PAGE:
Stansted Park
Stansted Park

Stansted Park is a delightful 17th-century mansion that recreates the experience of an Edwardian country house. Stansted was built for Richard Lumley in 1688 and rebuilt as exactly as possible following a fire in 1900. Visitors see a variety of formal rooms but also get a chance to see 'below stairs', delving into servants quarters.

The Stansted estate (not to be confused in any way with Stansted Airport in Essex!) dates back to the time of the Norman Conquest. For 5 centuries following the Norman invasion, Stansted was owned by the powerful Earls of Arundel. It then passed to the Lumleys, who owned it for a further 200 years.

The estate was owned by a succession of families until 1924 when Stansted was purchased by the 9th Earl of Bessborough, Vere Ponsonby. The 10th Earl inherited on his father's death in 1956, but in 1983 he gave the house and estate into the care of a charitable Trust.

The house was designed by William Talman for Richard Lumley in 1688, though it has undergone several alterations and additions since then. Most of the major alterations were the work of Richard Barwell, who made his fortune in India before returning to England and purchasing Stansted in 1781.

Barwell, nicknamed 'The Indian Nabob', lavished money on Stansted. He called in Capability Brown to rebuild the house and gardens, and when Brown died, Barwell called on James Wyatt to finish the job.

The result is an elegant Queen Anne style house with a grand portico and the addition of a long wing. Much of Barwell's elegant house was gutted by the 1900 fire, which left the house a ruined shell. Stansted was rebuilt on the existing foundations, to plans by Arthur Blomfield. One of Blomfield's innovations, aside from modern conveniences like electricity and a lift, were the new, spacious servant's quarters.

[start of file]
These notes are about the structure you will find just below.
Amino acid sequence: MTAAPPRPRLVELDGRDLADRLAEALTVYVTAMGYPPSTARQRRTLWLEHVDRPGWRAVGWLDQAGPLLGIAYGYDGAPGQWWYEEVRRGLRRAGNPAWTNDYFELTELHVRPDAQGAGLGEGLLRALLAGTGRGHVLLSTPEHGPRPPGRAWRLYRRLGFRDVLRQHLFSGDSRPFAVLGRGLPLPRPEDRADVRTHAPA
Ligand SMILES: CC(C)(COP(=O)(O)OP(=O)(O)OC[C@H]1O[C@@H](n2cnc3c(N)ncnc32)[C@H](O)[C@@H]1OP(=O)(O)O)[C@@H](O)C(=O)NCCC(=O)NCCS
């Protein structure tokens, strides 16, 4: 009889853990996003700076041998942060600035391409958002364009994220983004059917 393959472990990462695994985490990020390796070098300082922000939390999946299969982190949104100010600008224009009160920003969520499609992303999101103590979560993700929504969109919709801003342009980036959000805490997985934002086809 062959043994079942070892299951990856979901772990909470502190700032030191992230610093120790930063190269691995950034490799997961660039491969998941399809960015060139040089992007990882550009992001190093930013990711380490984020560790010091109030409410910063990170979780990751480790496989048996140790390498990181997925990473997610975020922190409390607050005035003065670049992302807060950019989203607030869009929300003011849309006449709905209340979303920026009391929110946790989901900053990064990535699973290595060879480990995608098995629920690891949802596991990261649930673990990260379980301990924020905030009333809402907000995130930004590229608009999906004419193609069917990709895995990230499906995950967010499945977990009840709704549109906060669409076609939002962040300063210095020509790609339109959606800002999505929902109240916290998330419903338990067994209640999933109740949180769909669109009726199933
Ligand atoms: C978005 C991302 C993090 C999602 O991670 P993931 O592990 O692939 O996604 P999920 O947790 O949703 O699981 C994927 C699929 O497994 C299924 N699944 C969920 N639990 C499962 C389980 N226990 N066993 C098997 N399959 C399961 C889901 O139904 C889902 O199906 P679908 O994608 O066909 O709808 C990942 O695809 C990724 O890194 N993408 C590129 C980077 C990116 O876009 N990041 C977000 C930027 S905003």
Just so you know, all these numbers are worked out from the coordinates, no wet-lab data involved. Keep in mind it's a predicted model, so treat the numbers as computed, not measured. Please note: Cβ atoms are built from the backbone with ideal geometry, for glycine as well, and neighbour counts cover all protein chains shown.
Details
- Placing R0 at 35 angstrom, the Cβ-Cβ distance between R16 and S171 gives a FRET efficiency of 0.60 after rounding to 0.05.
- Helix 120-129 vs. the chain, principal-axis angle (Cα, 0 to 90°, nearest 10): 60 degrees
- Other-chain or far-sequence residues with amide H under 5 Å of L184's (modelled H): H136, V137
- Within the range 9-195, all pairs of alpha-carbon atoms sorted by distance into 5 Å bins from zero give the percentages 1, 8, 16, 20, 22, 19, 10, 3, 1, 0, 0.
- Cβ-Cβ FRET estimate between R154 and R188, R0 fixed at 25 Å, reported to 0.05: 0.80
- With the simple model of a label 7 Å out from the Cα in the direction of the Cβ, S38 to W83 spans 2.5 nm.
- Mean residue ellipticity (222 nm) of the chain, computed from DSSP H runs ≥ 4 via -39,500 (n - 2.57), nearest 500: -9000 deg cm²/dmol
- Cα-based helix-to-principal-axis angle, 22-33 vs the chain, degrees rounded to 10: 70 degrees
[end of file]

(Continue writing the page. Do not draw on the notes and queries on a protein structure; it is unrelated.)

There are six staterooms on view to visitors. These include the Main Hall, where you will see family portraits, including the sisters Georgiana and Henrietta Spencer, painted by Angelica Kauffmann. Even more impressive perhaps is the Blue Drawing Room, lined in gorgeous blue silk.

Near the house, close to the garden centre, is the 19th-century Gothic chapel, rebuilt in 1804 by Lewis Way. When the chapel, on the site of the medieval chapel built by the Earls of Arundel, was reconsecrated in 1819 the first service was attended by poet John Keats.

Our Verdict:

I have visited most of the major stately homes in England and most of the 'minor' ones as well, but I have rarely enjoyed myself more than when I visited Stansted Park. Though the day was dull and wet, the house and grounds were a delight. The house felt light and spacious, with an air of dignity and elegance. The interiors were full of interest, and the guides were among the most friendly and helpful I have ever met.

The glimpse into life 'below stairs' was extremely well done. Though many stately homes offer a tour through servant's quarters, Stansted seems to show much more about how the servants lived and worked. If you have small children they will enjoy the quiz - our 10-year-old daughter loved it! It was an absolute delight to visit Stansted Park, and I highly recommend a visit.